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Naturalization is the process by which a Lawful Permanent Resident (“LPR”) becomes a citizen of the United States. The process entails the filing of a Form N-400 Application for Naturalization, providing biometrics, attending a naturalization interview with U.S. Citizenship and Immigration Services (“USCIS”), passing an English language and U.S. history/government exam that is conducted during the interview, and taking an oath of citizenship.

Most LPRs are eligible to apply for naturalization after five years of becoming an LPR. Foreign nationals who are married to a U.S. Citizen, may apply for naturalization after three years of permanent residence if they have been and continue to live in marital union with their U.S. spouse for that period.

The eligibility requirements for naturalization include:

  • Must be an LPR for five years (or three years if married to and continuously residing with U.S. Citizen spouse).
  • Must be over 18 years old.
  • Must normally be a resident continuously for the five (or three) years subsequent to becoming an LPR
  • Must have resided for at least three months within the state in which the naturalization application is filed.
  • Must be physically present in the U.S. for at least half of the five (or three) year period preceding the application for naturalization.
  • Must have resided continuously within the U.S. from the date the naturalization application is filed up until the time of admission to citizenship.
  • Must not be absent from the U.S. for a continuous period of more than one year during the period for which continuous residence is required.
  • Must be a person of good moral character for the requisite five (or three) years prior to filing the naturalization application and up until the time of admission to citizenship. This requirement relates to crimes committed, meeting tax obligations, etc.
  • Must demonstrate an elementary level reading, writing, and understanding of the English language and knowledge and understanding of the fundamentals of the history and government of the United States.

INA §319(b): Waiver of Naturalization Residency Requirements

Naturalization applicants whose U.S. Citizen spouse is employed abroad by the U.S. Government, an American institution of research, an American firm or corporation engaged in the development of foreign trade and commerce, a public international organization in which the U.S. participates by treaty or statute, or is authorized to perform ministerial or priestly functions of a religious denomination having a bona fide organization within the U.S. or who is engaged as a missionary abroad may naturalize without the need to comply with the residency requirement (3/5 years in the U.S. since obtaining LPR and 3 months in the jurisdiction where naturalization application is filed).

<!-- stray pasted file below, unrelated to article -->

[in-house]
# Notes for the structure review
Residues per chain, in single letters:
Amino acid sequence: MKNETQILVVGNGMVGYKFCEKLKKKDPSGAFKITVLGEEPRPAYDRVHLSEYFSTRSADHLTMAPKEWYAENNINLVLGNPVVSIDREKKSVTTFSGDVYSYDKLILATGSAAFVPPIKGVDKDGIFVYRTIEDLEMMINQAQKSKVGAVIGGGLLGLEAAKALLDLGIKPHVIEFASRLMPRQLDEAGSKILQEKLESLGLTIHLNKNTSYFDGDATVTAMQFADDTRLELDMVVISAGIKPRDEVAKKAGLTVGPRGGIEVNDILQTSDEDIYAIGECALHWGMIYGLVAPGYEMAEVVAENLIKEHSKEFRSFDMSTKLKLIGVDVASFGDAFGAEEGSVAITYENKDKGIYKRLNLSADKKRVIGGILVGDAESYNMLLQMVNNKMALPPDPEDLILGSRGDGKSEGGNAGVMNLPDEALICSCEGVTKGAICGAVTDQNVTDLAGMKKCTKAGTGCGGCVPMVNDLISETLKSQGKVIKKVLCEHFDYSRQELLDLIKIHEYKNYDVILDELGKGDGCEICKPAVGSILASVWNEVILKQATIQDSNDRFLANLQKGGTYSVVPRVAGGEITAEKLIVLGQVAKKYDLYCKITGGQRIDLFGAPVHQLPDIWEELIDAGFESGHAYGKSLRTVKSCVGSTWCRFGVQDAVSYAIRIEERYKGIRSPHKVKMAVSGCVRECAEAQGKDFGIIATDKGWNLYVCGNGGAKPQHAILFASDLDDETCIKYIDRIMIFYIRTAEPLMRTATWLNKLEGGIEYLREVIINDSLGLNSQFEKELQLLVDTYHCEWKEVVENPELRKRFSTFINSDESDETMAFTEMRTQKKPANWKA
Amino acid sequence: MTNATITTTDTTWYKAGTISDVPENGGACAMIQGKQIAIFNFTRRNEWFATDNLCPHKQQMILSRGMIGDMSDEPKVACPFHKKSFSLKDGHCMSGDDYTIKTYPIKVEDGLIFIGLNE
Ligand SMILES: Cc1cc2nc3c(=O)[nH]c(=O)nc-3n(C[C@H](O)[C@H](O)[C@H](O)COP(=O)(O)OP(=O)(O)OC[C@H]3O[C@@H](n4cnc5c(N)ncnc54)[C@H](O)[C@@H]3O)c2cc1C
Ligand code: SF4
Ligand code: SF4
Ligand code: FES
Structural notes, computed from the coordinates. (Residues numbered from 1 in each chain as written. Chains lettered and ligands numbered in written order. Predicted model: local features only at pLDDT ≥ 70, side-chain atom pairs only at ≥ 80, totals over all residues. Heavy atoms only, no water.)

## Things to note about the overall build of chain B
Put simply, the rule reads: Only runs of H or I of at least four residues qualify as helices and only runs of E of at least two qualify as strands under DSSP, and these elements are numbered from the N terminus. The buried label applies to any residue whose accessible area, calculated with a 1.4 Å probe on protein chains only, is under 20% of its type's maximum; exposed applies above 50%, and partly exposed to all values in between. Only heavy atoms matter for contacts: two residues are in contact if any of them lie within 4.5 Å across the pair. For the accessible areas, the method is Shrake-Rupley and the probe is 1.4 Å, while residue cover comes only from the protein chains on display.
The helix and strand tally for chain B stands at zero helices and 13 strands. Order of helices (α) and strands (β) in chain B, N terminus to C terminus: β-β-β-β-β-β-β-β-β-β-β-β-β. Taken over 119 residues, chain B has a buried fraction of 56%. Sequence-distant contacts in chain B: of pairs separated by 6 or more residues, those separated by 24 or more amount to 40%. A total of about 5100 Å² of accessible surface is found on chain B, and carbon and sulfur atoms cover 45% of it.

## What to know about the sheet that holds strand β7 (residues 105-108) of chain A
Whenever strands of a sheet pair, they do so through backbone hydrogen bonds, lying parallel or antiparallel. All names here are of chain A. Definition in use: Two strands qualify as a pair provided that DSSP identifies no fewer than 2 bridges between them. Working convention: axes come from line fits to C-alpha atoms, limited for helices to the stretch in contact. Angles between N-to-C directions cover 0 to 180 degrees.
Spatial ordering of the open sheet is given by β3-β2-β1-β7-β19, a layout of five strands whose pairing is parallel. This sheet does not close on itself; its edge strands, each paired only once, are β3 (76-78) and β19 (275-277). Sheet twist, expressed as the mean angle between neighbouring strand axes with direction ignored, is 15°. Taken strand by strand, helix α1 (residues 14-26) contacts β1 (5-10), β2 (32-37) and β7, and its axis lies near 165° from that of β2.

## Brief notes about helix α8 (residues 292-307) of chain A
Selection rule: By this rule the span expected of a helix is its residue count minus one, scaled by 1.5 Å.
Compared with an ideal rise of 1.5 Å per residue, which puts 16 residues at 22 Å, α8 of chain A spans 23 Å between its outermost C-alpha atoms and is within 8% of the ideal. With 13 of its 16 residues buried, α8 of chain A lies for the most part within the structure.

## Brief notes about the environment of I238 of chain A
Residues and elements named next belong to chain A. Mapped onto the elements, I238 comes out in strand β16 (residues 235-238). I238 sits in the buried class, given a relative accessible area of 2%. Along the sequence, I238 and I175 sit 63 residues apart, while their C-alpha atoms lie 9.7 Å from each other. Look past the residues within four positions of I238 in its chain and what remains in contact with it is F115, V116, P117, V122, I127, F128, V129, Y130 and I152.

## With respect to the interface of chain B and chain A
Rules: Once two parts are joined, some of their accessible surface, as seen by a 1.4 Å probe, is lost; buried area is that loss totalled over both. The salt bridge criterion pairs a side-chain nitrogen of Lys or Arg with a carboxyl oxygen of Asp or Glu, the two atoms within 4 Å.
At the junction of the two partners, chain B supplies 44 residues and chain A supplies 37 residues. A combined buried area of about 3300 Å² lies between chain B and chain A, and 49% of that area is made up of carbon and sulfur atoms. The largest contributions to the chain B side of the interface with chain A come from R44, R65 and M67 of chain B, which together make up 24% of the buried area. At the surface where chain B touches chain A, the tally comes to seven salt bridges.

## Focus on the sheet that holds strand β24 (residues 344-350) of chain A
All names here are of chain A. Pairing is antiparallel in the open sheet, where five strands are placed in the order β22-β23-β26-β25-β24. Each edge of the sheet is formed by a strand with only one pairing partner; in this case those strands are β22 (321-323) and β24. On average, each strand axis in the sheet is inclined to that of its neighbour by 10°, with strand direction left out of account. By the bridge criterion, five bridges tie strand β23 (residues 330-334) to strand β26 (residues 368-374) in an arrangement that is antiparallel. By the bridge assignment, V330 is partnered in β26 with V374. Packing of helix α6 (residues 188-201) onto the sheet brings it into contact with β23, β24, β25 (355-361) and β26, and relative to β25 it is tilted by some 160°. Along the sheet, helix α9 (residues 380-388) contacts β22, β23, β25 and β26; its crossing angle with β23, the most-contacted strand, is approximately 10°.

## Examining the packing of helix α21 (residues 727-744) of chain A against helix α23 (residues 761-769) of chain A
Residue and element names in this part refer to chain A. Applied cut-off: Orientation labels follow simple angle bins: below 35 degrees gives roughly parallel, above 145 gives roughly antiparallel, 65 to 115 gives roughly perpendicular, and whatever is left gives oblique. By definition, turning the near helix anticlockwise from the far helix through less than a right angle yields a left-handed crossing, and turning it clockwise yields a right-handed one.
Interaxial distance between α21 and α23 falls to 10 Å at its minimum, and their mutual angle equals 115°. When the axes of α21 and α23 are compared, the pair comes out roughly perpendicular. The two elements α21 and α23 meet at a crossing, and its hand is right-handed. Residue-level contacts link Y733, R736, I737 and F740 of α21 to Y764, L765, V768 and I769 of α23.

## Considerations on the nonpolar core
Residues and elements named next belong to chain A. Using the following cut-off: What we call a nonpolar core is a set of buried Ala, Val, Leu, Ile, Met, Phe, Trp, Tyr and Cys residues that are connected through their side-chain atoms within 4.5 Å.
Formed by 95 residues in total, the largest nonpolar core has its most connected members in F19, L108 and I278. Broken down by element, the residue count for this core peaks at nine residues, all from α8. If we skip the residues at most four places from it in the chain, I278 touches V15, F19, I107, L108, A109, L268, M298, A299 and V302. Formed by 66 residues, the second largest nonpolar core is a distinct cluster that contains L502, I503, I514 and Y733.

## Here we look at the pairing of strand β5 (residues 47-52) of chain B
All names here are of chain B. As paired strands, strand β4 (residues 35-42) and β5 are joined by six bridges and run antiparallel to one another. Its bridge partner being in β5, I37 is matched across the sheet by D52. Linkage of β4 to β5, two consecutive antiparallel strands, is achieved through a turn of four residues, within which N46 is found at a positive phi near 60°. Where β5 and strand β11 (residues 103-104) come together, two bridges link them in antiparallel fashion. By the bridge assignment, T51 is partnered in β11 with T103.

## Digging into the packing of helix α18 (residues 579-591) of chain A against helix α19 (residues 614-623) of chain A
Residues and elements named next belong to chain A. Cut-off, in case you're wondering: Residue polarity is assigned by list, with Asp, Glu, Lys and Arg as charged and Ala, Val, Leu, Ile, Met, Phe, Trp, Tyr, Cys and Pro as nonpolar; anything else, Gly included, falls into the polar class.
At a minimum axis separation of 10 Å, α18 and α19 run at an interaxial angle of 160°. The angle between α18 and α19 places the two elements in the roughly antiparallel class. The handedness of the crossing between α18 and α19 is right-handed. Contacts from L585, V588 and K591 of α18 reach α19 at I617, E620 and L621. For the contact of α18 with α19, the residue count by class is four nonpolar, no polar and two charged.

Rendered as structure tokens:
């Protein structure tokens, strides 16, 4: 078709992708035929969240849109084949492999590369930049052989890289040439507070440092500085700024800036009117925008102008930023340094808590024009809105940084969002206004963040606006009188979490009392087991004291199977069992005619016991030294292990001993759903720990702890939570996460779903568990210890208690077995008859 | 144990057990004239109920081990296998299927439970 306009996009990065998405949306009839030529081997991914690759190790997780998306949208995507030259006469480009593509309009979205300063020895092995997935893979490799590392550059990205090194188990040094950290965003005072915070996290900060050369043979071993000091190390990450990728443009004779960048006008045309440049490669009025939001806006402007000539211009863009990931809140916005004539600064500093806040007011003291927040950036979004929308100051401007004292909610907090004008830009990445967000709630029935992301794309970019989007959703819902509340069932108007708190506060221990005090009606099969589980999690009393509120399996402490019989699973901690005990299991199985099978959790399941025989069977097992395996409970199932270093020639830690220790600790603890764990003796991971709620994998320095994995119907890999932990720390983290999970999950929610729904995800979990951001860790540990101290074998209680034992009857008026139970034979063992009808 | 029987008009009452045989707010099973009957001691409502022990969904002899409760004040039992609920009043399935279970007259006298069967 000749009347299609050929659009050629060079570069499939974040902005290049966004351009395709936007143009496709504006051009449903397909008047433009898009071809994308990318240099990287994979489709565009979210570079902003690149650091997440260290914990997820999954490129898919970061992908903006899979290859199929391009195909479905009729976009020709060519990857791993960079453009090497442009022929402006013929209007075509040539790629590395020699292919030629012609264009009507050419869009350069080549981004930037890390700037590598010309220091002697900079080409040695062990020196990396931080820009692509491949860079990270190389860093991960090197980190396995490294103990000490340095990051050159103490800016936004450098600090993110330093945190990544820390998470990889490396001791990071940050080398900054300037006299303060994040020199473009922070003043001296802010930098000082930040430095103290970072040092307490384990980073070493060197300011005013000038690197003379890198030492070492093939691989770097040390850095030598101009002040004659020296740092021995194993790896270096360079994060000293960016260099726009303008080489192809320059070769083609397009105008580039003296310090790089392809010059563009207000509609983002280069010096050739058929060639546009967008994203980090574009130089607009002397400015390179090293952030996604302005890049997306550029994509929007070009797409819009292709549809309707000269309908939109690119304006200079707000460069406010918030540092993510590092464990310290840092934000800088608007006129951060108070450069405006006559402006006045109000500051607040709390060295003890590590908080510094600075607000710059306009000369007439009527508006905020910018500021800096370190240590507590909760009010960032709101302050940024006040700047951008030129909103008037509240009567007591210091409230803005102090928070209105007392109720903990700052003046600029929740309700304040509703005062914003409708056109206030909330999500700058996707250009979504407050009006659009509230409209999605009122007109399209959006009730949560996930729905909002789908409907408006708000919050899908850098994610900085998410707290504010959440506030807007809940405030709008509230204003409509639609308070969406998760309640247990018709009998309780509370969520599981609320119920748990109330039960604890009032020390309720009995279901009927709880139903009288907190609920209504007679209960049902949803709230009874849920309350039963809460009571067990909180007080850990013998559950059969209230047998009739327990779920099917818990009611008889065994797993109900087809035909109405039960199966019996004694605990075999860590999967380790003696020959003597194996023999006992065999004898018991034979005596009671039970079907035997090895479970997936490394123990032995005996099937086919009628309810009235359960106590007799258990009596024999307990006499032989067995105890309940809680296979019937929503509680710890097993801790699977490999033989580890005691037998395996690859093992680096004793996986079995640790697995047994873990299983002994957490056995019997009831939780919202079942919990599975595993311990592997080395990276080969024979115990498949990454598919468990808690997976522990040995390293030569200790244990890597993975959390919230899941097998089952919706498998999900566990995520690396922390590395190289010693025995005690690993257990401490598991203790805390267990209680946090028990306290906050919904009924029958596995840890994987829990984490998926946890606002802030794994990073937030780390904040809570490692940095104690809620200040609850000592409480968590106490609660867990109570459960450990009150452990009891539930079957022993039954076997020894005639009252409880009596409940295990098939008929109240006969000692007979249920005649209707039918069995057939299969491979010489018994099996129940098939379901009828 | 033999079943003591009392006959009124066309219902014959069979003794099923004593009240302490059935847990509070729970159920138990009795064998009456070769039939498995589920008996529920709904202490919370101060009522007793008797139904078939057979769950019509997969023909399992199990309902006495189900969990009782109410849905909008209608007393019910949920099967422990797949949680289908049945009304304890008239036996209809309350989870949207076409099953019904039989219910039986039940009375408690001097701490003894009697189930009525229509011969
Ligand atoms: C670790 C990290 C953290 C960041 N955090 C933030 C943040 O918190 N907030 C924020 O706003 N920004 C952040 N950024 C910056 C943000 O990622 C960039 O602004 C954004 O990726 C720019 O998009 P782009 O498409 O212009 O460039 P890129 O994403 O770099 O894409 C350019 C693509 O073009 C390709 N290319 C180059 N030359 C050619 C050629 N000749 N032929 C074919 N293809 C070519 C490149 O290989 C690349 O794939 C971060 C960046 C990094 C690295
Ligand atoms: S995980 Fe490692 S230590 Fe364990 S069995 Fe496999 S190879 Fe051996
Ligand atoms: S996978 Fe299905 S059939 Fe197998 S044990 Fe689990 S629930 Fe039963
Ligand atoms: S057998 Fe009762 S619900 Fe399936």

INA §320: Automatic Acquisition of Citizenship for Children Born Abroad but Residing Permanently in the United States

INA §320: Automatic Acquisition of Citizenship for Children Born Abroad but Residing Permanently in the United States

A child born abroad automatically becomes a U.S. citizen when all of the following conditions have been met: 1) at least one parent of the child is a U.S. citizen; 2) the child is under age 18; and 3) the child is residing in the U.S. in the legal and physical custody of the U.S. citizen parent pursuant to a lawful admission for permanent residence. The child may either request evidence of U.S. citizenship from USCIS or apply for a U.S. passport through the U.S. State Dept.

INA §322: Acquiring Citizenship for Children Born and Residing Abroad

A parent who is a U.S. citizen (or, if the citizen parent has died during the preceding 5 years, a citizen grandparent or citizen legal guardian) may apply for naturalization on behalf of a child born abroad who has not automatically acquired citizenship under INA §320. A Certificate of Citizenship will be issued once the following has been established: 1) at least one parent (or, at the time of his or her death, was) is a U.S. citizen, whether by birth or naturalization; 2) the U.S. citizen parent has/had been physically present in the U.S. or its outlying possessions for a total period of 5 or more years, two of which were after attaining the age of 14 or has/had a U.S. citizen parent who met those requirements; 3) the child is under 18; and 4) the child is residing abroad in the legal and physical custody of the applicant.